You’ve got to wonder sometimes how the brains behind the big comic book companies work, some of the decisions they make are so screwy. Due to the value of the intellectual property of all characters not even z-list heroes like The Creeper are allowed to be put out to pasture. We’ve already covered that when we talked about the death of Superman and it’s effect on comics, but in a world where Dick Greyson and Bucky Barnes only get to take over their mentors roles for a month and a bit, Marvel’s recent run on Spider-Man has got to be the most confusing thing they have ever done.
Ok, lets over look the frankly stupid method of how it was done, because I don’t get it myself and look at what happened. Basically, for those that don’t know, Doctor Octopus has managed to remove his own psyche from his body and place it in Peter Parker’s, leaving Peter to die in Octopus’ cancer ridden body, with only Peter’s conscience surviving in his old body, Octavius soon gets rid of that. This means that Doc Ock is now Spider-Man and he is trying to be a superior Spidey to Pete, by going around and killing bad guys. Now, call me old fashioned, but I kinda liked Pete as Spidey and Doc Ock as Doc Ock (mainly because he was a classic villain). What they’ve done, in my opinion, is confusing and pointless, Spidey never needed to be shaken up to revive sales, he’s Marvels most constant best seller. What they’ve done there is dropped sales. You’ve also got rid of one of the top 3 most popular heroes of all time and one of his greatest nemeses. All whilst bringing back old heroes from the dead because you don’t think people will like someone else replacing them.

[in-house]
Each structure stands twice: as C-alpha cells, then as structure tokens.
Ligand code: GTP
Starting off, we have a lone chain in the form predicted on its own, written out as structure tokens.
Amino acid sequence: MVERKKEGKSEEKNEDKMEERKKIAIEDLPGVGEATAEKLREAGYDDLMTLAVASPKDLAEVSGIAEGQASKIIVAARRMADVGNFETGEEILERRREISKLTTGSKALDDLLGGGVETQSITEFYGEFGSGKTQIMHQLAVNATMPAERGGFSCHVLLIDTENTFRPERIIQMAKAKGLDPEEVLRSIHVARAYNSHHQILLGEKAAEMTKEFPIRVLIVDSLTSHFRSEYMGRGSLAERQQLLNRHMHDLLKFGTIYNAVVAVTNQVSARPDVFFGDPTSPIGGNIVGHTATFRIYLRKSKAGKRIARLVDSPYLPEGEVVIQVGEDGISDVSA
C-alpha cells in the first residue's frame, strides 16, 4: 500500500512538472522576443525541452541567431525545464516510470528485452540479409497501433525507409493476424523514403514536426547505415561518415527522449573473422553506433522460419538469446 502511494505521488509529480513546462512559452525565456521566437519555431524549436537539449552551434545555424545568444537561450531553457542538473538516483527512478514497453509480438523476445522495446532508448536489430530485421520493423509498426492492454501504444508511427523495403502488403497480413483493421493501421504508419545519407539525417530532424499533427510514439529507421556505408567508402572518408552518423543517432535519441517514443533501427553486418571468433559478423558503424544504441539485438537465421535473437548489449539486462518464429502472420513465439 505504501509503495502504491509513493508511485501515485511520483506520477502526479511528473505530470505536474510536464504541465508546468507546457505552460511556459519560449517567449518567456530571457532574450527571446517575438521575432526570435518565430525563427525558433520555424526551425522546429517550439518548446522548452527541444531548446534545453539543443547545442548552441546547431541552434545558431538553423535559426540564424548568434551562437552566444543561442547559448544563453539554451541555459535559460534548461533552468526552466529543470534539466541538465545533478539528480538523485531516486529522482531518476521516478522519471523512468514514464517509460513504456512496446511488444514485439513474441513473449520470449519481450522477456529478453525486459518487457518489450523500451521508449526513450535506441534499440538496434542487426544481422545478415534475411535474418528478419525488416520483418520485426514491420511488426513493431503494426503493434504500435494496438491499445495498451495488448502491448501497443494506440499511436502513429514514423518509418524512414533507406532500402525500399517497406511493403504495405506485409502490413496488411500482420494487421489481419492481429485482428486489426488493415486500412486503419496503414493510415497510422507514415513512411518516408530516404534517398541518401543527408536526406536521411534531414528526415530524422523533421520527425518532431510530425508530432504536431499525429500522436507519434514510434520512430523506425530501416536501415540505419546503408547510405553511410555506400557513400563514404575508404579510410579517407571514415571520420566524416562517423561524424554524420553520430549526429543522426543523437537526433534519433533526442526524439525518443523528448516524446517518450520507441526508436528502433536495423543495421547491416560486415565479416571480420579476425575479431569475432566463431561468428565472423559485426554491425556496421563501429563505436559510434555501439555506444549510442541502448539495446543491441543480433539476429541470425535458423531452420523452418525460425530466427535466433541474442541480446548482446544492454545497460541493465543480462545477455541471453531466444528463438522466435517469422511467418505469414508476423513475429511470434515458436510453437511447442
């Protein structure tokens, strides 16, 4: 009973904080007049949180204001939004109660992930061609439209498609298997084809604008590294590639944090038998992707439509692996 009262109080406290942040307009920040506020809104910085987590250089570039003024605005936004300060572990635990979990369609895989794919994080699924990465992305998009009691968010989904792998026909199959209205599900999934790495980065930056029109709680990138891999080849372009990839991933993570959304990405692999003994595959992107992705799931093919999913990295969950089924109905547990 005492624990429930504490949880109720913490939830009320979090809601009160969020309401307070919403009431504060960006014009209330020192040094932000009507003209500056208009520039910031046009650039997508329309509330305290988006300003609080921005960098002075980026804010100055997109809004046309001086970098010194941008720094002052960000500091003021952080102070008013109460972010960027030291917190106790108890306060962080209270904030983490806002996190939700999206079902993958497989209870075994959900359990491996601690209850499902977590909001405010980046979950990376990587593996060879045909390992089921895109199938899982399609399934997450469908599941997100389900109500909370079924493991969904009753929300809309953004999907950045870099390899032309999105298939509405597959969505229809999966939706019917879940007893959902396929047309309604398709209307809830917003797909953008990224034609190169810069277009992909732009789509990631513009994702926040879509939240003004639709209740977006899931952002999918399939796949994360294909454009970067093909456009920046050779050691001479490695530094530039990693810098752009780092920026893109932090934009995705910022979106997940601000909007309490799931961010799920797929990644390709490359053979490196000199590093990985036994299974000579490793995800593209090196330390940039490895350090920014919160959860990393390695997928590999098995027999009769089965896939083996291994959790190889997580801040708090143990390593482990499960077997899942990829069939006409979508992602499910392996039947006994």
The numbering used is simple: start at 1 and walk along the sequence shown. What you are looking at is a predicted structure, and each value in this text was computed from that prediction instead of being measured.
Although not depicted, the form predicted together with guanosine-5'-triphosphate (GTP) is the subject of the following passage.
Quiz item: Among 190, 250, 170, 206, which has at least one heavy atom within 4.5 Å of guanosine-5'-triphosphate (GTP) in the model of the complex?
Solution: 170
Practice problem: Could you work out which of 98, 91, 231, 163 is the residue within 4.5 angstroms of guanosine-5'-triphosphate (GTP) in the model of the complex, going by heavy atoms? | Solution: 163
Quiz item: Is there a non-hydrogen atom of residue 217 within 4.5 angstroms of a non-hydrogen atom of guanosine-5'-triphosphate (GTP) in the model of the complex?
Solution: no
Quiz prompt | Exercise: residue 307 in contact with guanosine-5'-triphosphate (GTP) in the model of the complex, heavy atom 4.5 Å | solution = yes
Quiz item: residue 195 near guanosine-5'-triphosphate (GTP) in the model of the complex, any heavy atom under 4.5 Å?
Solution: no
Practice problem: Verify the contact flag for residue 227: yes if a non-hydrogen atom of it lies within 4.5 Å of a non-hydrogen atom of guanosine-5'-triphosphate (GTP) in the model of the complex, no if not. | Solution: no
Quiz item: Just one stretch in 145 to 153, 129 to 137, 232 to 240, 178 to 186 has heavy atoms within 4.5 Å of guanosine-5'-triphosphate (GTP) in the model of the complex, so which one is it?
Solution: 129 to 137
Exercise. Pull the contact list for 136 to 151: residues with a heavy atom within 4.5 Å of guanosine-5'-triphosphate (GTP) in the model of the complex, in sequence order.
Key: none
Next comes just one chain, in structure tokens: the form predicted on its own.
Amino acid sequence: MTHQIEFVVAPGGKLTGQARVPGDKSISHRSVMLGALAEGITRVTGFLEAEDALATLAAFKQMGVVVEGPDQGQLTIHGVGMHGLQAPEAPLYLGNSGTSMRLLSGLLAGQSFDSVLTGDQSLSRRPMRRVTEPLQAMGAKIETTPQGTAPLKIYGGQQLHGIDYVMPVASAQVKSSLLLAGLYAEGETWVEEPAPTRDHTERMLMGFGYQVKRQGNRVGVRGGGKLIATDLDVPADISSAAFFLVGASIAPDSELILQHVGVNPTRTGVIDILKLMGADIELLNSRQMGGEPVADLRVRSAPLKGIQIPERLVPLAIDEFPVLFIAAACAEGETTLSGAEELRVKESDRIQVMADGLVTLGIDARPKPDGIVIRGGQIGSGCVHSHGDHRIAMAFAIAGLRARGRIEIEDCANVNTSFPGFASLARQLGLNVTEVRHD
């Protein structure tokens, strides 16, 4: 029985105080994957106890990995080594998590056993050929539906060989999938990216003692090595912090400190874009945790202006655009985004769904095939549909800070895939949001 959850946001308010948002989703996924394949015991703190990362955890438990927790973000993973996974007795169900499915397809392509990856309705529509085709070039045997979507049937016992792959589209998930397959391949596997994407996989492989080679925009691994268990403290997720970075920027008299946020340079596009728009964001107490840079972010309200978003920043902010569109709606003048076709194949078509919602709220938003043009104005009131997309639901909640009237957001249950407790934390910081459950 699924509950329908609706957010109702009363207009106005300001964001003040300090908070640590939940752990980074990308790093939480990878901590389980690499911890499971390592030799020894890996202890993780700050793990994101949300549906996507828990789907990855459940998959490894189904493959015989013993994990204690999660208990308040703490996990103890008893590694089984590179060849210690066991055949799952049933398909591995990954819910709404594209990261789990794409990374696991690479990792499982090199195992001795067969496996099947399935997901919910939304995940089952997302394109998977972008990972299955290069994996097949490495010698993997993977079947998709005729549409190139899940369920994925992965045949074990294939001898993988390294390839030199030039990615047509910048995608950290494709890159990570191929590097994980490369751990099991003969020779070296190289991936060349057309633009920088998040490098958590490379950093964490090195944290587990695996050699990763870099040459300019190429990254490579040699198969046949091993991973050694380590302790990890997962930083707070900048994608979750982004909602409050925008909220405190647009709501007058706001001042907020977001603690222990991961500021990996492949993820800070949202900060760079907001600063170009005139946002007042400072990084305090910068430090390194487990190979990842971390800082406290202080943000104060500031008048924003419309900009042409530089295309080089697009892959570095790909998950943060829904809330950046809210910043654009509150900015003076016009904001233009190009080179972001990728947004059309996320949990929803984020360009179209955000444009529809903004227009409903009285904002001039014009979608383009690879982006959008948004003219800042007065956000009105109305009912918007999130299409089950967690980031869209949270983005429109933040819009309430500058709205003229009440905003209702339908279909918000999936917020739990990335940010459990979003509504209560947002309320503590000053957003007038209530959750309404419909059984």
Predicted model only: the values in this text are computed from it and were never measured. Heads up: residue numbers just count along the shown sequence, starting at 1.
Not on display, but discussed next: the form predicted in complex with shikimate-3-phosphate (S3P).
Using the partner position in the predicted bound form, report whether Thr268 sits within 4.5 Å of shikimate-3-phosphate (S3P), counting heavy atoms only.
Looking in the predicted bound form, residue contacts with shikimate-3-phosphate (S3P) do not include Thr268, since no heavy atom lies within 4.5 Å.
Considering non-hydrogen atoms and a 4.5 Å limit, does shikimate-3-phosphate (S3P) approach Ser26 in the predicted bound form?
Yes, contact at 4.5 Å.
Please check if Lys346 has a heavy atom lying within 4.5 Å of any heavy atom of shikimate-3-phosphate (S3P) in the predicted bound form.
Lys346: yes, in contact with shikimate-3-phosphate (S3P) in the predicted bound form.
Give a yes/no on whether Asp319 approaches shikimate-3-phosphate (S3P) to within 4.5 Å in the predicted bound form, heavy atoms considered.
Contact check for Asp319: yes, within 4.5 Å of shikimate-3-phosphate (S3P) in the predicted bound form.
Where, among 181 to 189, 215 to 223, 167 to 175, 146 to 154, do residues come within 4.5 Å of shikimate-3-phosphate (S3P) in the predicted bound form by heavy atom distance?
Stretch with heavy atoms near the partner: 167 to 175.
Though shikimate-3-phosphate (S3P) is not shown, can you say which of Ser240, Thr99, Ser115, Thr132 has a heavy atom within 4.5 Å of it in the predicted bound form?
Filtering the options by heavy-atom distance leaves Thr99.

Now, I know that this is probably only going to be temporary, but I felt it was so stupid and badly thought out it deserved highlighting. Even a temporary major screw up is still a major screw up and Marvel has majorly screwed up here.
Ok, I’ve decided to bring on of my things over from the forums onto the main blog. Basically I ask a question, you guys discuss, like the old share days but different.
My question for this week is: How important are the actors in making a good superhero movie?